PHAs are performed using the software program Leader 4.0, from EQE International, Inc., in Knoxville,
Tennessee. These analyses typically yield action items that have the potential to significantly affect
safety and recommendations that address minor safety concerns or increased efficiencies. Per the plant
procedure, action items must be acted upon; and recommendations must, at minimum, be evaluated by the
The PHA is the definitive analysis for non-nuclear chemical facilities at the Pantex Plant and is used to
supercede all of the previous analyses. PHAs are also used to write the Safety Basis Document for non-
nuclear chemical facilities. This document identifies all of the systems important to safety and the
administrative controls required to mitigate or prevent the consequences of interest as defined in the plant
Pantex has also prepared Specific Hazards Analyses in support of the Safety Basis for Nuclear Facilities.
An example of this is the analysis of a chlorine release from the water treatment plant. This analysis
focused on the effect of a chlorine spill on the operations within Nuclear Facilities.
Requestors of new chemicals are required to submit a Pantex Form PX-761, Chemical Request Form.
The requestor provides the name of the chemical, its proposed use, estimated frequency and quantity of
use, where it is planned to be stored and used, and any engineering controls and/or PPE that are planned
to be used in conjunction with the new chemical. After the requestor's portion of the form is completed,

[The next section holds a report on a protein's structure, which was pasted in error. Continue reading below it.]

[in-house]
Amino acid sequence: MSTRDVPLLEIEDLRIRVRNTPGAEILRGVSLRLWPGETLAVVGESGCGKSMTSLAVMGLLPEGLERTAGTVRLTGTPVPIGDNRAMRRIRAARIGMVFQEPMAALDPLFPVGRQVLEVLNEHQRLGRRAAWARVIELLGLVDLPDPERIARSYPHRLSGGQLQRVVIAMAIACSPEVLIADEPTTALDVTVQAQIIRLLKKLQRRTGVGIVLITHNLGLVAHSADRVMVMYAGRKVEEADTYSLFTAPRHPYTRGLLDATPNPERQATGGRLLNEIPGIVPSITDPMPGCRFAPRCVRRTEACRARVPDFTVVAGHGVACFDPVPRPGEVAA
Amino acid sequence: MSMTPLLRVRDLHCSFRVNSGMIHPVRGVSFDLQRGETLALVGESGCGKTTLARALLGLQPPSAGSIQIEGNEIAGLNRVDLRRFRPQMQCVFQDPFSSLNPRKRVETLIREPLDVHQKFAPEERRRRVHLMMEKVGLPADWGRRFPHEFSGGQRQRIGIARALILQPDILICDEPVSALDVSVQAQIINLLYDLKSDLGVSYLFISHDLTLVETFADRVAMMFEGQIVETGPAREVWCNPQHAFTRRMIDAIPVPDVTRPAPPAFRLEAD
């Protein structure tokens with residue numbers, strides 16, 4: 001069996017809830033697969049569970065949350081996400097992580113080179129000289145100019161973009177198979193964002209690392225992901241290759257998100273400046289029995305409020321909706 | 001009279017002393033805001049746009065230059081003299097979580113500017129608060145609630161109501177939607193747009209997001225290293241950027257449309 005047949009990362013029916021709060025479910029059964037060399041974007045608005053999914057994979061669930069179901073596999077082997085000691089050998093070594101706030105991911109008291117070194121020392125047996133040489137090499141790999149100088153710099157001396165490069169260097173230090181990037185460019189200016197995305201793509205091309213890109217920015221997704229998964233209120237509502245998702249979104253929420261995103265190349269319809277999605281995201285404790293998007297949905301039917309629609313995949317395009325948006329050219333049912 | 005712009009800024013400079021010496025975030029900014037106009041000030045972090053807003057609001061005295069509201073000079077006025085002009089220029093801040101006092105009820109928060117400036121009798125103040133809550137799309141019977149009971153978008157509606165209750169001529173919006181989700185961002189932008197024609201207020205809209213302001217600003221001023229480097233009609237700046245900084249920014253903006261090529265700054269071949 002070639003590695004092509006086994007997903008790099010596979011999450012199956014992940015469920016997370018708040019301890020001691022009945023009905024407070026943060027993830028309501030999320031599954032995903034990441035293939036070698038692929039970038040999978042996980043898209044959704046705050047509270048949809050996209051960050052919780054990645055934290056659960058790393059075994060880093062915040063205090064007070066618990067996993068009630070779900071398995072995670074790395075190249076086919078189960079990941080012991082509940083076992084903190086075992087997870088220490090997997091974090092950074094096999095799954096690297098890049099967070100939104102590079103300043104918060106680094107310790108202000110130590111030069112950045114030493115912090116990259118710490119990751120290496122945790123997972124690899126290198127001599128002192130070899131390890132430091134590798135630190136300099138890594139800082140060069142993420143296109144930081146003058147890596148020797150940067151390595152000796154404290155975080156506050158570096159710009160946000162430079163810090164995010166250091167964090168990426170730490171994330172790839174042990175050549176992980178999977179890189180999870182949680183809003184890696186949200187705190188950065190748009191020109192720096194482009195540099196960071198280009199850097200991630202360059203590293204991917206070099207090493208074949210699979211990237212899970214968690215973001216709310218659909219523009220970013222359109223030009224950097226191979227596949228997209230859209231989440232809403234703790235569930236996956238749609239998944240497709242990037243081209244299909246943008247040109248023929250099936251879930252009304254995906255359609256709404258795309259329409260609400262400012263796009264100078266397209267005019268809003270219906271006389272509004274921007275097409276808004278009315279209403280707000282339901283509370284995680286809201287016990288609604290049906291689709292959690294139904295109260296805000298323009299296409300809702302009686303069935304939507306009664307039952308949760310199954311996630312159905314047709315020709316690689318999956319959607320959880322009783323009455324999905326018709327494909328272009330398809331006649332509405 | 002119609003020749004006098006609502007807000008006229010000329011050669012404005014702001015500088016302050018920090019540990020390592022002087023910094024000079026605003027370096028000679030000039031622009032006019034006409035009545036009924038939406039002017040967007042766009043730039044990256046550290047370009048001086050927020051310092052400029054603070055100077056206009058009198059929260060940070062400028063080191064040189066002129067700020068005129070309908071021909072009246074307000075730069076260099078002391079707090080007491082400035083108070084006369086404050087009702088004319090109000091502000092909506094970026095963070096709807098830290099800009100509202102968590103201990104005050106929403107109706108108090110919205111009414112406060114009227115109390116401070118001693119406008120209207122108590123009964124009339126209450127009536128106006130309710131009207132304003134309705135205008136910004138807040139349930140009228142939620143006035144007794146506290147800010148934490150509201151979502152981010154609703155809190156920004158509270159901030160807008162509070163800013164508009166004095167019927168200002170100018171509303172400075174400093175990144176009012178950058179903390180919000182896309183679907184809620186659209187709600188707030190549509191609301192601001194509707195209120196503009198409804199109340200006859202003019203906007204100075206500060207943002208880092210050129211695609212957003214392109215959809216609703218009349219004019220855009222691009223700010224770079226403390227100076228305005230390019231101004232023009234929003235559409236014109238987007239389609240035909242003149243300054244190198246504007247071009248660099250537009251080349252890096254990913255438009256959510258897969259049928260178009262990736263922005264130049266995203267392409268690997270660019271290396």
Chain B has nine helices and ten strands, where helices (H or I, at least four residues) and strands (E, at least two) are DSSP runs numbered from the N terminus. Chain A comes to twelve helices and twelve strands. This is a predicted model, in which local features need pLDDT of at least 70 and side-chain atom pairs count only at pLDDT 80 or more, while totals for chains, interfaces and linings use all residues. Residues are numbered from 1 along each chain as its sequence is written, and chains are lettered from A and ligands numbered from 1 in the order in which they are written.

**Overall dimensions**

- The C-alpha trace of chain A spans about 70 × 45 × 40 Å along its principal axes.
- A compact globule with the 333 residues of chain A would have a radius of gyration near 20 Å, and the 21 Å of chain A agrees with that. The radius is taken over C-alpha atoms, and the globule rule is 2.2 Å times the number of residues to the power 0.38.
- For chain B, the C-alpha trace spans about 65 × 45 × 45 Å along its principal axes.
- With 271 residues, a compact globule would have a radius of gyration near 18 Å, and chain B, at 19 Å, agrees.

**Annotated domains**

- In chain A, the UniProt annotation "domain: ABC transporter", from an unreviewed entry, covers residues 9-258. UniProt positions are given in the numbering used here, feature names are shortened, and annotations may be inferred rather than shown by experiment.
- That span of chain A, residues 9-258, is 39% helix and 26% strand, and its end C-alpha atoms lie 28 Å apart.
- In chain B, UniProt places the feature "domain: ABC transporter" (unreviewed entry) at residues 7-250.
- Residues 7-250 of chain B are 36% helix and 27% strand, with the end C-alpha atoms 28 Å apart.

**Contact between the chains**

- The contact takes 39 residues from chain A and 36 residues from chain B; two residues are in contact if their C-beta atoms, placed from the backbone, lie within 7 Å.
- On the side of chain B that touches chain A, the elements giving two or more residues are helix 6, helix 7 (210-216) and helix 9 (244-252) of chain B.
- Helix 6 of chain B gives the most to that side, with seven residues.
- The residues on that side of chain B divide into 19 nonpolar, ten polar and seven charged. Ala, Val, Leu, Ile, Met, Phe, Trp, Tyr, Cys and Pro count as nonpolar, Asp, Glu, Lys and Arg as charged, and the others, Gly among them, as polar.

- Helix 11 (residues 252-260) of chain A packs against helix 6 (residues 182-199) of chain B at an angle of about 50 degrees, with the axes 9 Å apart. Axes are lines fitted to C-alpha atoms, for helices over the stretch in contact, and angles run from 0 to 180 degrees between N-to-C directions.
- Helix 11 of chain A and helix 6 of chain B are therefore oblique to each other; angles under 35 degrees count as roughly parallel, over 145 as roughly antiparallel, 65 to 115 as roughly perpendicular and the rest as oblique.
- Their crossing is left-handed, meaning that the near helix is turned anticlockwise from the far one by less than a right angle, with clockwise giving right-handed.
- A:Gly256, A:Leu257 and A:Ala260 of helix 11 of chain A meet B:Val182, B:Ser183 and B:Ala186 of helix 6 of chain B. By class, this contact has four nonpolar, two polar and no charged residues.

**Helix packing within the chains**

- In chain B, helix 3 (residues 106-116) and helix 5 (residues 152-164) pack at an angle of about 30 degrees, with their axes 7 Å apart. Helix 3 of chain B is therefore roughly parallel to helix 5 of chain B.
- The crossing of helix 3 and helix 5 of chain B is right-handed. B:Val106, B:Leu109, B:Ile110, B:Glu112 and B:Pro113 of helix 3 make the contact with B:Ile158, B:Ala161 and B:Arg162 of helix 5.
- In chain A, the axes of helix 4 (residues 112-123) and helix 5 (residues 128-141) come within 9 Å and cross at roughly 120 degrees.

the requestor forwards it to the Chemical Control Committee for review. Following final approval, the
PX-761 is entered into a database that is accessible by all of the procurement personnel on the site. They
routinely check this database to ensure that the item has been approved prior to placing the order.
An item that does not require any excessive reviewer comment or special handling can be processed
completely through the system in 2 to 3 work days. An emergency request can be completely processed
in a matter of hours if all of the necessary reviewers (or their alternates) are available. It is reasonably
rare for any request to take more than 5 work days to be processed. Although this sounds like a long
involved process, the simultaneous review by multiple committee members and the electronic routing of
the form on the Plant unclassified network actually moves the process along rapidly.
2.3 Inventory and Tracking
The Hazard Communication (HazCom) Group maintains approximately 14,000 MSDSs in the Master
MSDS Library. As each MSDS is received, the HazCom Group processes it, examining it for
completeness and correctness. If the HazCom Group finds any errors in the data, they contact the supplier
of the MSDS to alert them to the error. Sources used for comparison of data include National Consensus
Standards, OHSA Standards and Publications and a third-party MSDS Service (MDL-OHS MSDS on
Each MSDS has a unique number assigned to it, known as a P-Number. The P-Number is a six-digit
identifier (five digits and one decimal place) that can be used to track a specific MSDS by the type of
chemical that it represents and the manufacturer or supplier of that product. When there are numerous
manufacturers or suppliers of the same product, the decimal place differentiates them. An example would
be isopropyl alcohol. The first five digits for all isopropyl alcohols are 00518. However, since it is a
fairly common chemical, it is purchased from a number of different sources. The P-Number for isopropyl
alcohol from Allied Chemical Company is 00518.1; the P-Number for isopropyl alcohol from Ashland
Chemical is 00518.3. When there are more than nine manufacturers or suppliers, two decimal digits are
used to continue this logic.